You can now get a pro gamer’s view of e-sports.
Gaming peripheral maker SteelSeries is launching an eye-tracking control system for video game fans today. Based on technology from Tobii Tech, SteelSeries has tailored its SteelSeries Sentry Eye Tracker for e-sports gaming enthusiasts, enabling them to see exactly what a pro gamer sees during competitive matches.
If it works, eye-tracking could be one of the biggest innovations in game controllers in a long time, and it could also have other spin-off benefits, such as the tracking of pro gamers’ eye movements for broadcast purposes. Sony is also working on eye-tracking technology, as are other tech companies like Intel.
Both Tobii and SteelSeries are showing the Sense system at the 2015 International CES tech tradeshow in Las Vegas this week, and they’re streaming demos from the show floor. The companies first demoed the system at the 2014 International CES a year ago, but now SteelSeries is selling its gaming peripheral for $200.
In the future, SteelSeries will add the capability for a player to control a game with their eyes. But for now, it is just showing off the game-streaming technology.
Proponents of eye-tracking say that it is a faster and more natural way of controlling the action in video games, such as first-person shooters. All you need to do to target an enemy is glance at it, and then a target reticule will pinpoint it. Then you can push a button or pull a trigger on a game controller. The companies say that the system could help level the playing field for average players or create an unfair advantage for experts.
Last year, the system didn’t always work well, and it wasn’t that easy to set up. You had to train it to locate your eyes every time you booted a game. This will only really take off if the technology works accurately and does so in real time so that it outperforms the split-second movements players can make with controllers or computer mice. Eye-tracking by itself might not be a full system for gamers. But it will be part of the mix of new input and display technologies like virtual reality goggles, gesture control, touchscreens, and other newfangled offerings aimed at bringing people inside their games in new ways.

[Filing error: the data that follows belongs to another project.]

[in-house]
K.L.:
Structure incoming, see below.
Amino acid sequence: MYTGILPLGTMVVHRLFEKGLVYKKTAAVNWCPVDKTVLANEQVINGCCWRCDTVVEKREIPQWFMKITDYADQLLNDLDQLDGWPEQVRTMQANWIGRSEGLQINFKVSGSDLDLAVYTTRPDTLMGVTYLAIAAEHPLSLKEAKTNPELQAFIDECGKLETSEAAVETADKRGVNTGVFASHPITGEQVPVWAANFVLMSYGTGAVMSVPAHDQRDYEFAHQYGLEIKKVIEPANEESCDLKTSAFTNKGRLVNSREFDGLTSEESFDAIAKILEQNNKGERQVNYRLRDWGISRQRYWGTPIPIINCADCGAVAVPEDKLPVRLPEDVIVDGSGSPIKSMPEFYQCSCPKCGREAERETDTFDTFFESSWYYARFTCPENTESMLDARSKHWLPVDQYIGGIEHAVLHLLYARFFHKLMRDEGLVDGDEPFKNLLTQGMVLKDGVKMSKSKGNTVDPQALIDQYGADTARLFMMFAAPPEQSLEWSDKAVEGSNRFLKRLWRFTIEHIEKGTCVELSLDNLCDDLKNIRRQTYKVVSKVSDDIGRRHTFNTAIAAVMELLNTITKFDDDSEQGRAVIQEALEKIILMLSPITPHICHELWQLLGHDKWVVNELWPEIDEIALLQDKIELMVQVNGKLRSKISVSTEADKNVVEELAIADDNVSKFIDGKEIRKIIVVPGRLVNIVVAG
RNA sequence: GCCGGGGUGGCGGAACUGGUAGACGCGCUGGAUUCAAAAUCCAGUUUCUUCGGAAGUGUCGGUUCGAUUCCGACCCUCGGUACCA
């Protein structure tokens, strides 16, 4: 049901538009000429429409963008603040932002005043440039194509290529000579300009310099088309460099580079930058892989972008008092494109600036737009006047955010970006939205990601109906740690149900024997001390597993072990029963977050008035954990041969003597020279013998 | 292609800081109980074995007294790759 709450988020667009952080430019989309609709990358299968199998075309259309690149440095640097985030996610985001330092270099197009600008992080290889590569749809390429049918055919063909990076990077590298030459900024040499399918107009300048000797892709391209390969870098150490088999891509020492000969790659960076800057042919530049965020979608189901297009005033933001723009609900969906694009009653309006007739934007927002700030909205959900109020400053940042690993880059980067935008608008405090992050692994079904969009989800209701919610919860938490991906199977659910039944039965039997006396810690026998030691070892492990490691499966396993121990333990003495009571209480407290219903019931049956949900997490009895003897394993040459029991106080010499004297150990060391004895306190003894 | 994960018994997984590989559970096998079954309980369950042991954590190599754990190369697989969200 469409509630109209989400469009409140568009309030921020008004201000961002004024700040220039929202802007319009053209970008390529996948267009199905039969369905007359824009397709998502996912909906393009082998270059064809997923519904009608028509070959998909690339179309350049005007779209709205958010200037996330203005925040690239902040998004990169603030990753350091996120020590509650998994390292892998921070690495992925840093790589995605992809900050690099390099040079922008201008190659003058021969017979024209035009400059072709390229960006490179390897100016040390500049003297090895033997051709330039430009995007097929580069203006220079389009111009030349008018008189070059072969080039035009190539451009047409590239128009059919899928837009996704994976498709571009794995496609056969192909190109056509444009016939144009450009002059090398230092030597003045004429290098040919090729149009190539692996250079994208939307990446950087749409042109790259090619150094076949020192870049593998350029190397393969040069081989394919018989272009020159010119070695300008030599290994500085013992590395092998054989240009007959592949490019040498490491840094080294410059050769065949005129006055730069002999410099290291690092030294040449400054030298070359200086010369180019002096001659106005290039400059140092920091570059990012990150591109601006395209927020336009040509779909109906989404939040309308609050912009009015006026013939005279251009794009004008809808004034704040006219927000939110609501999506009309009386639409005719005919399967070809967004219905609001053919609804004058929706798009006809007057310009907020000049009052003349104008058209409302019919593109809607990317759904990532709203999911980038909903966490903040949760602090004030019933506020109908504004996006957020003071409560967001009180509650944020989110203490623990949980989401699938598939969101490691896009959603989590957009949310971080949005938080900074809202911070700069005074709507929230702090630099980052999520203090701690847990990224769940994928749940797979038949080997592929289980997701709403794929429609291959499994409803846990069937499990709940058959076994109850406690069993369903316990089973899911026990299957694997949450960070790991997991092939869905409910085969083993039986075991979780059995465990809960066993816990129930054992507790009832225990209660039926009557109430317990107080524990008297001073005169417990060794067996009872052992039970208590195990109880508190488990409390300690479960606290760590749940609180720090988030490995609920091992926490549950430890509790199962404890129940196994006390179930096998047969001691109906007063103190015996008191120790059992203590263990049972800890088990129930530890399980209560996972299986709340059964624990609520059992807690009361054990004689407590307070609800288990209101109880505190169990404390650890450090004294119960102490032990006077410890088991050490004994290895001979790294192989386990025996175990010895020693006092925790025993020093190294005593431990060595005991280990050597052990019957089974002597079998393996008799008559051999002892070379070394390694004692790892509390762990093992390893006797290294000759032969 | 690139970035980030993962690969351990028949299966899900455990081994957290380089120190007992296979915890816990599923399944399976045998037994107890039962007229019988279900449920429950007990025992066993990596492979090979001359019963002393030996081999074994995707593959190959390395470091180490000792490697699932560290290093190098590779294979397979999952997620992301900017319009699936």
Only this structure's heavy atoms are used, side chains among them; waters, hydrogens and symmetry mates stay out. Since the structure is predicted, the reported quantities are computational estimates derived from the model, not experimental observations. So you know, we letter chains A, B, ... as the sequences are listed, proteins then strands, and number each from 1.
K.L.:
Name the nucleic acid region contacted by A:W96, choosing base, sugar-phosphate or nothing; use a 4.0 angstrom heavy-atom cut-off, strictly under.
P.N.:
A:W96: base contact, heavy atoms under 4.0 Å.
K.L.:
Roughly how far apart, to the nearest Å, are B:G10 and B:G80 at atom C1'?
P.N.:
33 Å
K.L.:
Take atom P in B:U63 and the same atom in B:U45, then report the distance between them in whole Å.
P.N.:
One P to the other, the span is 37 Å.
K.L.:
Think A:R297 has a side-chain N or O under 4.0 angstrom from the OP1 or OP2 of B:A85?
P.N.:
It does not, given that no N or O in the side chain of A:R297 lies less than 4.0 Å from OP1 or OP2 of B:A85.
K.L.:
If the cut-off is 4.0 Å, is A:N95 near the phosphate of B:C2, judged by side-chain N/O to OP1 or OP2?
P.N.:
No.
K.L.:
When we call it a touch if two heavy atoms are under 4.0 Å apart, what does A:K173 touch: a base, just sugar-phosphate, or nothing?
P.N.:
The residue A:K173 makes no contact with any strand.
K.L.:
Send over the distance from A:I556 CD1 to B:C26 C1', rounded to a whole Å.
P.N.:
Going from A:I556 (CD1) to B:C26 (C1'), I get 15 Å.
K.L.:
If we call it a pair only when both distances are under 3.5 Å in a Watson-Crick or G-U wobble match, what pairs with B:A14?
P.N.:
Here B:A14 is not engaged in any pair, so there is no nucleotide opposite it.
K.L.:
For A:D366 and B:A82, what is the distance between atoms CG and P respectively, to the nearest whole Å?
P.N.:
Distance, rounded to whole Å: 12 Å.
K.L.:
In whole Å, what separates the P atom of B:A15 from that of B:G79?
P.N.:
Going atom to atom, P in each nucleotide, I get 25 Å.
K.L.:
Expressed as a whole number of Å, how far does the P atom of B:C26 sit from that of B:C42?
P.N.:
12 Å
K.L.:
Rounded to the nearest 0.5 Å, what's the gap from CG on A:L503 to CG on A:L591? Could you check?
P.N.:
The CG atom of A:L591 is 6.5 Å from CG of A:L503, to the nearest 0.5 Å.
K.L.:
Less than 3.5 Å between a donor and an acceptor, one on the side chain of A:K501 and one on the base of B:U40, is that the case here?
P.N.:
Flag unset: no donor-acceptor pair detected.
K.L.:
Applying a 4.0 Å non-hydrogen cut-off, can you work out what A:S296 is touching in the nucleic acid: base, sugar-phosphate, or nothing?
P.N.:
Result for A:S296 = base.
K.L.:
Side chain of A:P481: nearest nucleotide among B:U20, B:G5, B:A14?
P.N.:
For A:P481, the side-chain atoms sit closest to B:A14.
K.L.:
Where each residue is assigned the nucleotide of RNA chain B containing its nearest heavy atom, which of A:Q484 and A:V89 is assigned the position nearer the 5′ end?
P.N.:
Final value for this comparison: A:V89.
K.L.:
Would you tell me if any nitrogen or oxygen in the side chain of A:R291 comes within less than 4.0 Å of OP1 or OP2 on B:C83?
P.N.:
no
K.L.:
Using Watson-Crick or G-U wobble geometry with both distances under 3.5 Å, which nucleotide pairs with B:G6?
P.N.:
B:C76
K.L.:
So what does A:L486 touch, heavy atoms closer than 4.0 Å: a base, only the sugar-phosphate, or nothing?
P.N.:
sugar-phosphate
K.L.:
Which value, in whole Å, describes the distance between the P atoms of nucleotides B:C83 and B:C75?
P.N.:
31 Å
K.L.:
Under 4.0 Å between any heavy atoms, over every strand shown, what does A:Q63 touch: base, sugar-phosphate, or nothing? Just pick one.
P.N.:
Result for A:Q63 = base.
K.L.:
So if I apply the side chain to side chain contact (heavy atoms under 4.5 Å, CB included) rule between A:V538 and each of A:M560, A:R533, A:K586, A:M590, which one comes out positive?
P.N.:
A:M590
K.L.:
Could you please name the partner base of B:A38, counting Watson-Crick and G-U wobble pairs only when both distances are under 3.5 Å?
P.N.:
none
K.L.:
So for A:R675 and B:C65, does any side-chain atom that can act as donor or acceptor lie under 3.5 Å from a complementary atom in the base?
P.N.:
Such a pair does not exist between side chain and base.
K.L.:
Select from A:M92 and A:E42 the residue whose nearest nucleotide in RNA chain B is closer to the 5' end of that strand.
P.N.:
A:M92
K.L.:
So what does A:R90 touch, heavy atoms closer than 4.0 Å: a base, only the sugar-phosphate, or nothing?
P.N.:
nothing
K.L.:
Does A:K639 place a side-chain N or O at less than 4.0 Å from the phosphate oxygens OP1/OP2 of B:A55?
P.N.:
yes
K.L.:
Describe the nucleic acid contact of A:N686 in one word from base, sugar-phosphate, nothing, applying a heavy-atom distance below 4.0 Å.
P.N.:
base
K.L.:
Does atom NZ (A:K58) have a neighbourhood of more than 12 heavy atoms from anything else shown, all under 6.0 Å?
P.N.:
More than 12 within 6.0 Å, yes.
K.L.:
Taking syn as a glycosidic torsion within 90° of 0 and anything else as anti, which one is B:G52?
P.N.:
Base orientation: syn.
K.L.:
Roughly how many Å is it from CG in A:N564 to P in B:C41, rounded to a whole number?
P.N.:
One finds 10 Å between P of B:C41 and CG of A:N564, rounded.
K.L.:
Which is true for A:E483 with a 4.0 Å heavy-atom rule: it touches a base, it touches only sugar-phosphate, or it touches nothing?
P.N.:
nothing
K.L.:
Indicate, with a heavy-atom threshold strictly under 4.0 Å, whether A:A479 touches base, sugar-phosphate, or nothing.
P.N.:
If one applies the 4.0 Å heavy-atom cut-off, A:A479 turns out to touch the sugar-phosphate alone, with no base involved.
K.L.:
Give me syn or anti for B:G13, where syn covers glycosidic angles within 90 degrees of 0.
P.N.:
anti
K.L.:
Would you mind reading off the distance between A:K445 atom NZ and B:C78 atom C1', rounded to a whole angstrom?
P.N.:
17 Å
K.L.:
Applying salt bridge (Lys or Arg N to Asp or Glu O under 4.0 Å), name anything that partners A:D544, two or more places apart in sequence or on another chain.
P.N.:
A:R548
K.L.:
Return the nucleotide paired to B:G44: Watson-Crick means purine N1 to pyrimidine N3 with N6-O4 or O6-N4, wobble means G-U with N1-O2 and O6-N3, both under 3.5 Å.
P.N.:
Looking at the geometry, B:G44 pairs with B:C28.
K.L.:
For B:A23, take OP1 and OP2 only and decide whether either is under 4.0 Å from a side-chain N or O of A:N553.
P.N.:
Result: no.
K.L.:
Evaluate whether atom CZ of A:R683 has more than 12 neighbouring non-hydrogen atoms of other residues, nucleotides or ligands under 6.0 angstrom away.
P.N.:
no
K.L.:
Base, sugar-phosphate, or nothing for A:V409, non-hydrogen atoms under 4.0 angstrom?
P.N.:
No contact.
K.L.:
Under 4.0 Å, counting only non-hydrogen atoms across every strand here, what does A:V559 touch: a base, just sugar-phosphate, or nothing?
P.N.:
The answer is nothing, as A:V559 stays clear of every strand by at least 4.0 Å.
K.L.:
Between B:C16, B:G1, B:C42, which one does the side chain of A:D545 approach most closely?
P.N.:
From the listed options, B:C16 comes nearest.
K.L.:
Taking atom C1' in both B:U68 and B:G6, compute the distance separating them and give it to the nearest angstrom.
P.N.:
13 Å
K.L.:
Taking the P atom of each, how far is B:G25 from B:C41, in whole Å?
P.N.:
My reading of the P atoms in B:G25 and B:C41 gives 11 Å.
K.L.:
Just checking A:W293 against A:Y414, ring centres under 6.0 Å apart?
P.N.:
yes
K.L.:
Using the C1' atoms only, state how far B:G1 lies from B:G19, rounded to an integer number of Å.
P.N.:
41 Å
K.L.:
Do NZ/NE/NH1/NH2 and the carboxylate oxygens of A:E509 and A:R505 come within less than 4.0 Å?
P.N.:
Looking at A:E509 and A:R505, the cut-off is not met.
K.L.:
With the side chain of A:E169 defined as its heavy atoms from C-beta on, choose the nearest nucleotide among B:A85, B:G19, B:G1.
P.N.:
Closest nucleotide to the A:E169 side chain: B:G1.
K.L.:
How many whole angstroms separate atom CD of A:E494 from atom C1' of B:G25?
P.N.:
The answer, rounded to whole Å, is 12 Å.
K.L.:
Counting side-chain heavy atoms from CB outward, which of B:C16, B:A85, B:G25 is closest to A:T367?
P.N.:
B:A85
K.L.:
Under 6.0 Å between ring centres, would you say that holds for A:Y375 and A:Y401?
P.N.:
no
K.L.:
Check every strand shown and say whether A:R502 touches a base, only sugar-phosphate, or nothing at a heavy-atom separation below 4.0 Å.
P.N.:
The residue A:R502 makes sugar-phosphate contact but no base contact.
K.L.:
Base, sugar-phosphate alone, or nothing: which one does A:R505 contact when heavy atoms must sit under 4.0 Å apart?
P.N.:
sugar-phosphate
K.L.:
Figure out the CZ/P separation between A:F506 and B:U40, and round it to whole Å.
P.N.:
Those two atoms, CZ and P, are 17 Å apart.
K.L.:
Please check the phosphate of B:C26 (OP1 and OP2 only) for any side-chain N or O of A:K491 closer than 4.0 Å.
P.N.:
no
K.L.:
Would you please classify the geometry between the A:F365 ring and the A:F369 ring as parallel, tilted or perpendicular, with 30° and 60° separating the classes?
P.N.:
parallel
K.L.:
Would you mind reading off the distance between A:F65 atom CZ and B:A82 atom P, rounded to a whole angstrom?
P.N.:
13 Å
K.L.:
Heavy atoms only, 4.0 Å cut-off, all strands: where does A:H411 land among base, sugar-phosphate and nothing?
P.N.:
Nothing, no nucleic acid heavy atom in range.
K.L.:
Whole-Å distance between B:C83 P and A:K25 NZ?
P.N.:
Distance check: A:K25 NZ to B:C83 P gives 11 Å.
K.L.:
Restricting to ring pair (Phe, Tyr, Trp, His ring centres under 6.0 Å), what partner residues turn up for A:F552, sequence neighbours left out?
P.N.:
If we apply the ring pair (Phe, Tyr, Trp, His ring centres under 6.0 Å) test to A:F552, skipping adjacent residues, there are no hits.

Tobii’s tech promises precision control. It uses a camera-like device to detect your eyeball in three dimensions and then determines precisely where you are looking on a screen. It has commercialized the technology for control systems for people with disabilities. And it has also built the Tobii EyeX controller that also enables clinical researchers to track eye movements for studies.
SteelSeries will demo the Sentry Eye Tracker via gameplay livestreaming site Twitch, a division of Amazon. Players will demo the system with games like the multiplayer shooter Counter-Strike: Go, multiplayer strategy games Dota 2 and League of Legends, and others.
“Today, with our Sentry Eye Tracker, we are announcing an entirely new way for streamers and viewers to see the game,” said SteelSeries CEO Ehtisham Rabbani in a statement. “This is just the tip of the innovation iceberg for Sentry, and we could not be more excited to realize all the possibilities that emerge when your game knows where your eyes are looking.”
SteelSeries said that the Sentry delivers a new way for audiences to see the game exactly as the streamer sees it — literally through the player’s eyes. By tracking eye movement, in real time and overlaying that directly onto the real-time screen, the spectator can show viewers where the he or she is looking at all times.
That could be a big win for broadcasting e-sports, or competitive video games played by professional gamers. And SteelSeries says that Sentry also brings emerging professional-level players an entirely new way to train for competitive gaming, by allowing the player to analyze a wide range of statistics based on where and how long he focused, or fixated, on different parts of the screen during gameplay. SteelSeries is working with top pro gamers to create peak performance goals that can be used by average players as benchmarks.